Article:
At this I fell at his feet to worship him. But he said to me, "Don't do that! I am a fellow servant with you and with your brothers and sisters who hold to the testimony of Jesus. Worship God! For it is the Spirit of prophecy who bears testimony to Jesus."

Revelation 22:8
I, John, am the one who heard and saw these things. And when I had heard and seen them, I fell down to worship at the feet of the angel who had been showing them to me.

Leviticus 26:31
I will turn your cities into ruins and lay waste your sanctuaries, and I will take no delight in the pleasing aroma of your offerings.

Ezra 6:10
so that they may offer sacrifices pleasing to the God of heaven and pray for the well-being of the king and his sons.

Daniel 3:5
As soon as you hear the sound of the horn, flute, zither, lyre, harp, pipe and all kinds of music, you must fall down and worship the image of gold that King Nebuchadnezzar has set up.

Daniel 3:7
Therefore, as soon as they heard the sound of the horn, flute, zither, lyre, harp and all kinds of music, all the nations and peoples of every language fell down and worshiped the image of gold that King Nebuchadnezzar had set up.

Daniel 8:17
As he came near the place where I was standing, I was terrified and fell prostrate. "Son of man," he said to me, "understand that the vision concerns the time of the end."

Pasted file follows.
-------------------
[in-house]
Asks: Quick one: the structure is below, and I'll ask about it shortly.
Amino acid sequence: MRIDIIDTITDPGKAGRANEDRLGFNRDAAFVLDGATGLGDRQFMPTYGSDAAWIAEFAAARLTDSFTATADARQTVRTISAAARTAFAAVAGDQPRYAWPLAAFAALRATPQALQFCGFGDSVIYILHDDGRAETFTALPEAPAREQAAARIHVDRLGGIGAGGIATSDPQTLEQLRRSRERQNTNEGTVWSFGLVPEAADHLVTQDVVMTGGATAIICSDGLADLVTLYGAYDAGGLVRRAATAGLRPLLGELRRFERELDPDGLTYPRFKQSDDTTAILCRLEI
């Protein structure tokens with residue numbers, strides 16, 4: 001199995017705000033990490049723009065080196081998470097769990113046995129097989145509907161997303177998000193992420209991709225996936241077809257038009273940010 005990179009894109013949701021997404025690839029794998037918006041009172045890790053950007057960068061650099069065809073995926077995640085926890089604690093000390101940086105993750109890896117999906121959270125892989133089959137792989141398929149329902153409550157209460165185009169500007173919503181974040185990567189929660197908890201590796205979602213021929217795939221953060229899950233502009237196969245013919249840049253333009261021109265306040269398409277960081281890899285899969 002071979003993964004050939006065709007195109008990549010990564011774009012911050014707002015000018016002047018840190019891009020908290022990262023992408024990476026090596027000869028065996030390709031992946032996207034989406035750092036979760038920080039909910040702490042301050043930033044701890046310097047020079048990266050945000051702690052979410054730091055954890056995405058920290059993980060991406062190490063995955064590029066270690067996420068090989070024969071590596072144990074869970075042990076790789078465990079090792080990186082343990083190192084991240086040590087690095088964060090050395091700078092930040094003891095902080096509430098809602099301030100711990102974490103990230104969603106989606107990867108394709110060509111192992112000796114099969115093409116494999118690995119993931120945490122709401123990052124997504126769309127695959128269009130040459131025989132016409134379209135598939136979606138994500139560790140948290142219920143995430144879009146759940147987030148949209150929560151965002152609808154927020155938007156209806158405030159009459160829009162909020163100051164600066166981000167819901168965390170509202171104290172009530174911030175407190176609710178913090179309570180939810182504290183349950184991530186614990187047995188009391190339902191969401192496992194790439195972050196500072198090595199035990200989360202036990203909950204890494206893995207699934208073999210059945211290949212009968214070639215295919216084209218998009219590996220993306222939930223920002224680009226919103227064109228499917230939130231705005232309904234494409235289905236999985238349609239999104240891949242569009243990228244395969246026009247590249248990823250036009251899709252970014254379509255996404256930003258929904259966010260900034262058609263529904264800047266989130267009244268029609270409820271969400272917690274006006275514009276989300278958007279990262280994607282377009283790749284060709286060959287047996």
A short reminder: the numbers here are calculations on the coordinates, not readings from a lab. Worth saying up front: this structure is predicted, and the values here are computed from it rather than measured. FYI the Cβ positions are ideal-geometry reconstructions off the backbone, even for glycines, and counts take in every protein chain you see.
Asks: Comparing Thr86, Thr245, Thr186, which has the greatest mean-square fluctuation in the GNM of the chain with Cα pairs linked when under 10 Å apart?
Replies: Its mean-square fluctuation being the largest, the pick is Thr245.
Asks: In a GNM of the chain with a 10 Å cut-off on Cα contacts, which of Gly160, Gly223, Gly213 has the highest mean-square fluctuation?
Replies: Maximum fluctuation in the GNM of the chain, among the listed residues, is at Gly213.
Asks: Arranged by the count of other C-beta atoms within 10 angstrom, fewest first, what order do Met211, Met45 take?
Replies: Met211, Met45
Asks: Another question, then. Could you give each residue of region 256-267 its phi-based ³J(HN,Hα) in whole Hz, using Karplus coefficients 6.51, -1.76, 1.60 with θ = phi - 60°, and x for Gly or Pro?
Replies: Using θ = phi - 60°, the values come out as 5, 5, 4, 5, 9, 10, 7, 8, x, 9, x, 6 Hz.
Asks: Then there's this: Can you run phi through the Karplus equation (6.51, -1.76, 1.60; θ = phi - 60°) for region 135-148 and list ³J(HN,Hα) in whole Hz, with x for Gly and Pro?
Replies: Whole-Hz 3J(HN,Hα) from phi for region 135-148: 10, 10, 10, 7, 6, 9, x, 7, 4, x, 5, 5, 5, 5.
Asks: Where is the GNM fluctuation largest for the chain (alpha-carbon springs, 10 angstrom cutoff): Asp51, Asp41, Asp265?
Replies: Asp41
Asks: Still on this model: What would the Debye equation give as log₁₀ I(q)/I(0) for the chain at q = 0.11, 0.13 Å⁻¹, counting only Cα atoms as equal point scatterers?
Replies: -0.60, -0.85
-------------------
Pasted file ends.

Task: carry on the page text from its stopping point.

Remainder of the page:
Treasury of Scripture

Then the king Nebuchadnezzar fell on his face, and worshipped Daniel, and commanded that they should offer an oblation and sweet odors to him.

fell.

Luke 17:16 And fell down on his face at his feet, giving him thanks: and he …

Acts 10:25 And as Peter was coming in, Cornelius met him, and fell down at his …

Acts 14:13 Then the priest of Jupiter, which was before their city, brought …

Acts 28:6 However, they looked when he should have swollen, or fallen down …

Revelation 11:16 And the four and twenty elders, which sat before God on their seats, …

Revelation 19:10 And I fell at his feet to worship him. And he said to me, See you …

Revelation 22:8 And I John saw these things, and heard them. And when I had heard and seen…

and sweet.

Leviticus 26:31 And I will make your cities waste, and bring your sanctuaries to …

Ezra 6:10 That they may offer sacrifices of sweet smells to the God of heaven, …